"I Feel Sexier!"
The Psych Counsel: "There's a cultural concept that more—money or blonde hair or weight loss—is always better, but we can lose perspective on how far we've gone," says psychologist Rita Freedman, PhD, who suggests that Lauren ask herself: "Am I comfortable only around certain people, in certain milieus, and not in other settings? What do I want from this look—to appear sexier, to be accepted by my peers?" "The answers might help her realize that she's conforming to a stereotype that could be limiting her."
The Beauty Counsel: "Overbleached hair is incredibly damaged, and must be eased toward a more natural color," says colorist Rick Wellman. "If you just put a dark dye over the blonde, the result will be moldy green." So he added golden tones before weaving in brunette pieces. If you're coloring at home, choose low-peroxide or no-peroxide formulas, like Clairol Natural Instincts; look for golden and apricot shades and avoid anything that says "ash." With more depth to the color, Lauren's hair instantly looked much thicker; hairstylist Patrick Melville also trimmed away her frazzled ends.
Lauren's Reaction: "I never imagined what an immediate and positive impact I would feel from this change. A few days after I got my new color, I landed my first role in a major feature film—and the actress I beat out was a platinum blonde! I realize what a stereotype I had been playing into before. Now I actually feel sexier—like people are looking at me, not my hair."
Orange and pink sapphire bangles, Daniel K; 888-841-7676. Gold bangles, Mimi So; 212-300-8655. Ring, Sara Weinstock; 412-687-7600.
Loves Makeup Too Much
Leslie Sumpter, Insurance underwriter
Her Backstory: Even Leslie's most streamlined makeup routine takes 20 minutes, "but sometimes I spend a full hour on weekends," she says. "And I never leave home without my supplies." She usually gives the most attention to her eyes, often rimming them in heavily pigmented blues and greens. "I love color, and it helps put the focus on my eyes, which I think are my best feature," explains Leslie, 43. But her makeup routine is more than just an aesthetic spotlight. It's a spirit lifter. "In my job, I follow strict guidelines all day, but I can be creative with my makeup in the morning," she says. "Without it, I feel like something's missing. It really does affect my mood."
"It's Just as Much Fun"
The Psych Counsel:
Beauty rituals can be a genuine source of joy, and there's nothing wrong with that. "But sometimes we get stuck in behaviors that no longer serve us," says Freedman. (The vibrant eyeshadow colors that Leslie first discovered in her 20s aren't necessarily the best choice for her in her 40s.) And Freedman points out that anytime you believe you need something—whether eyeliner or a cocktail—to feel better, it's worth looking at why. You may be trying to avoid addressing a deeper anxiety, and should consider what would happen if you scaled back on your crutch—the reality might not be as intimidating as you think.The Beauty Counsel:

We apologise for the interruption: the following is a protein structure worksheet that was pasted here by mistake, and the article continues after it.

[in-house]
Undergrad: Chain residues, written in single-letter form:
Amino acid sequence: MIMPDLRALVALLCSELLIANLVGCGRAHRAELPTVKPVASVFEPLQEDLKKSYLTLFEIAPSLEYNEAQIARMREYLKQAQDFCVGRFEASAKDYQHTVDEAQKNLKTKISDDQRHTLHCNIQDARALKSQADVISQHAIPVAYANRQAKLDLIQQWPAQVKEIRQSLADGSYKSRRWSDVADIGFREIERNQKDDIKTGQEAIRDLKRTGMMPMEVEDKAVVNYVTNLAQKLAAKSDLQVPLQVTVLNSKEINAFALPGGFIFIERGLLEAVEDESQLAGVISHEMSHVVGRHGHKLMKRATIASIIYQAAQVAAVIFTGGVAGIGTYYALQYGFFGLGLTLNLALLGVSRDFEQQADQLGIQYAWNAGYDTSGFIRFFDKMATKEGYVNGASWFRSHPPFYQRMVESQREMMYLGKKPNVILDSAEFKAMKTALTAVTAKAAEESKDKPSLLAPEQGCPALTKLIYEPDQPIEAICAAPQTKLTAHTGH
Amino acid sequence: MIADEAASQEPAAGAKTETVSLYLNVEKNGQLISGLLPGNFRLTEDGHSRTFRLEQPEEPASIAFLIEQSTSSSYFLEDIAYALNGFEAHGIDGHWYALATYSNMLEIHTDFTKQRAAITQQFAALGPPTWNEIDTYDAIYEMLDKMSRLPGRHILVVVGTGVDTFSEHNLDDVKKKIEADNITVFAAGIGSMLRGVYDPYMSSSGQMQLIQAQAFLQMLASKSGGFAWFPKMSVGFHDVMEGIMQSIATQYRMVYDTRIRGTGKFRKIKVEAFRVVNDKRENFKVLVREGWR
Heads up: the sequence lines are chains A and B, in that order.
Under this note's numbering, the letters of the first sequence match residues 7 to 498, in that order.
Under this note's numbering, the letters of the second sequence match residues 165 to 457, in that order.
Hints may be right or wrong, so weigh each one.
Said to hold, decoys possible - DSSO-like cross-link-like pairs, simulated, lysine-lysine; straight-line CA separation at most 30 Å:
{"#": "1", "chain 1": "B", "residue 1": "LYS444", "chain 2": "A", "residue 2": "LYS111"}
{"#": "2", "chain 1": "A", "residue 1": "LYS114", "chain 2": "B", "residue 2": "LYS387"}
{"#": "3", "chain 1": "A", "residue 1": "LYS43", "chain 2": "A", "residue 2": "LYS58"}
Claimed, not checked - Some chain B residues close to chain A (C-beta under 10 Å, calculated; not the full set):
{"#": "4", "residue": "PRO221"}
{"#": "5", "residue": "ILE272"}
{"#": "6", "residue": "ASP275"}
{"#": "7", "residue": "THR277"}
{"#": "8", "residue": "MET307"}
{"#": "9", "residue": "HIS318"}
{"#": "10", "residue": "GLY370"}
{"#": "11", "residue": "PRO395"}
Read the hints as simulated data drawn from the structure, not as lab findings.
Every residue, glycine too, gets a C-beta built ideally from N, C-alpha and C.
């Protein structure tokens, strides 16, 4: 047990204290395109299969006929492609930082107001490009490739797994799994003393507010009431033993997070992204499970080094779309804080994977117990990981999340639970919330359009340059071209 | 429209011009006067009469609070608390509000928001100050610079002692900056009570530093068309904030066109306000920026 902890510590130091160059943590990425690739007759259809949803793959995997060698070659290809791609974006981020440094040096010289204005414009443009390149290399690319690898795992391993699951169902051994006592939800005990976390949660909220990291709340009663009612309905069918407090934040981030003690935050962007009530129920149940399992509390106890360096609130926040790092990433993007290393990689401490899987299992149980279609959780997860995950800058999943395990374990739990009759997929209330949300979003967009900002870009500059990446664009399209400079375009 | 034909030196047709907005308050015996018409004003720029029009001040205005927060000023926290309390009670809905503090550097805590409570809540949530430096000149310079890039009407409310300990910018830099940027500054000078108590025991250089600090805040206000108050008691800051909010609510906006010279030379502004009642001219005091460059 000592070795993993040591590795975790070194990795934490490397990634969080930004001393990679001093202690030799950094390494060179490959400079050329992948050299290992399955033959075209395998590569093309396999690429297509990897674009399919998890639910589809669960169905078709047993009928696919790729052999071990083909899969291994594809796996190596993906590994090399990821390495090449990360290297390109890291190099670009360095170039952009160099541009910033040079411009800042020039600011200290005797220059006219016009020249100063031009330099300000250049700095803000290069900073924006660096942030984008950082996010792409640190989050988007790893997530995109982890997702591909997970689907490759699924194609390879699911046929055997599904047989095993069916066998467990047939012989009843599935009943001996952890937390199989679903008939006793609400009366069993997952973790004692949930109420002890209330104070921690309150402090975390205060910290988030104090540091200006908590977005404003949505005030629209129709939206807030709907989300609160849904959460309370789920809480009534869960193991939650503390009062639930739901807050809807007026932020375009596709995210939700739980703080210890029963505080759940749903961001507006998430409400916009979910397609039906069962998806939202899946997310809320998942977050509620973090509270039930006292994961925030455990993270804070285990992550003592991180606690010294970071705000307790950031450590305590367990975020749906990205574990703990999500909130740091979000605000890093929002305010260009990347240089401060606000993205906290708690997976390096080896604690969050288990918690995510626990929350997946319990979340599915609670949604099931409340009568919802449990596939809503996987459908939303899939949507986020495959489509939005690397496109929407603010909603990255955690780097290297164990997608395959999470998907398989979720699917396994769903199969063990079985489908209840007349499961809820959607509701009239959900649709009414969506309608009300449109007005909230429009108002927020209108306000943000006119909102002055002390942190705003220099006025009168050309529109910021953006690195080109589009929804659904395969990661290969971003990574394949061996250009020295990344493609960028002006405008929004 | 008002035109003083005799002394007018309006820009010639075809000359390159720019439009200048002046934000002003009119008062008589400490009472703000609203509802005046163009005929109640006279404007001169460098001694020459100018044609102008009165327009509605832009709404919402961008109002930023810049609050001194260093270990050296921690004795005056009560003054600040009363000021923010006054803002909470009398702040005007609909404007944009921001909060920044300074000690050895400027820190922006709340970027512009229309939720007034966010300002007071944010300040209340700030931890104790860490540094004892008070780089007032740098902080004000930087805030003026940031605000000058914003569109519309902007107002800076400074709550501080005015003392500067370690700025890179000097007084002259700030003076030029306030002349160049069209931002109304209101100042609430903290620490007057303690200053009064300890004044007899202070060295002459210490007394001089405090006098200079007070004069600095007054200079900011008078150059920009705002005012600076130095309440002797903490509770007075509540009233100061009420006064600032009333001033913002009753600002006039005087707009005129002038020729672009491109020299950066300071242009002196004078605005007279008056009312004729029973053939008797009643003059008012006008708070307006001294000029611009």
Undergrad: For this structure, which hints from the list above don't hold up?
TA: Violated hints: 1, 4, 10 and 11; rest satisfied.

"Leslie gets great pleasure from makeup, so I don't want to take that from her," says makeup artist Sandy Linter. "She can still use a variety of products, but in a more subtle way." After brushing a beige shadow over Leslie's lids, Linter blended a charcoal one into the creases of her gorgeous deep-set eyes. With black liner on the upper and lower lashlines and two coats of mascara, Leslie's eyes remained a major focal point. Linter used a light foundation (Kevyn Aucoin Sensual Skin Enhancer in #16) to even out Leslie's skin tone and dotted a cream blush (Lancôme Color Design Blush in Chic Cassis) on the apples of her cheeks. A sheer brown-berry lip gloss completed the understated, but no less stunning, look. Leslie's Reaction:
"After Sandy finished, my eyes stood out even more
than before—with so much less makeup. I realize now how much I was overdoing it. I still love color—I picked up a new sea-foam green shadow the other day—but I'm using it with a much lighter touch. It doesn't look as dramatic—but turns out it's just as much fun."Dress, Tadashi; $348; TadashiCollection.com for stores. Earrings, Jennifer Miller; $150; 212
The Tanning Junkie
Jaclyn Sedotto, Public relations intern
Her Backstory: Several times a week, Jaclyn, 22, drives to a tanning salon, strips down, and lies on a bed lined with 100-watt UV bulbs for 15 minutes. It's a routine she's been loyal to since her senior year in high school. "I hate being pale," she says. "It makes me feel ghostly and sick. I look healthier with a tan." But what about the potential effects on her skin—the age spots, the wrinkles, the cancer? "By the time I have to worry about that, they'll have something to fix it."
"I Never Thought I Could Look So Glowing Without a Tan"
The Pysch Counsel:
Jaclyn says she knows she should cut down, but tanning helps her relax, and, really, she doesn't indulge as often as her friends do. Jaclyn's relationship to tanning bears hallmarks of addiction—and it's no surprise. When skin cells are exposed to UV light, one by-product of the chemical reaction is the release of feel-good endorphins. "Frequent tanning induces a change in brain chemistry," says Steven Feldman, MD, professor of dermatology and pathology at Wake Forest University. An alternate mood-lifter, like exercise, could help Jaclyn kick her tanning habit. Sitting in front of a light box (which emits visible light but has UV filters) for 20 minutes a day is another option, says dermatologist and psychiatrist Amy Wechsler, MD. But Jaclyn must want
to quit. "She needs someone—a friend, parent, doctor—to wake her up," says Wechsler. "I tell young patients who tan that they will soon look 15 years older than their peers. By their late 20s, they'll be having their first basal cell carcinomas surgically removed." The Beauty Counsel: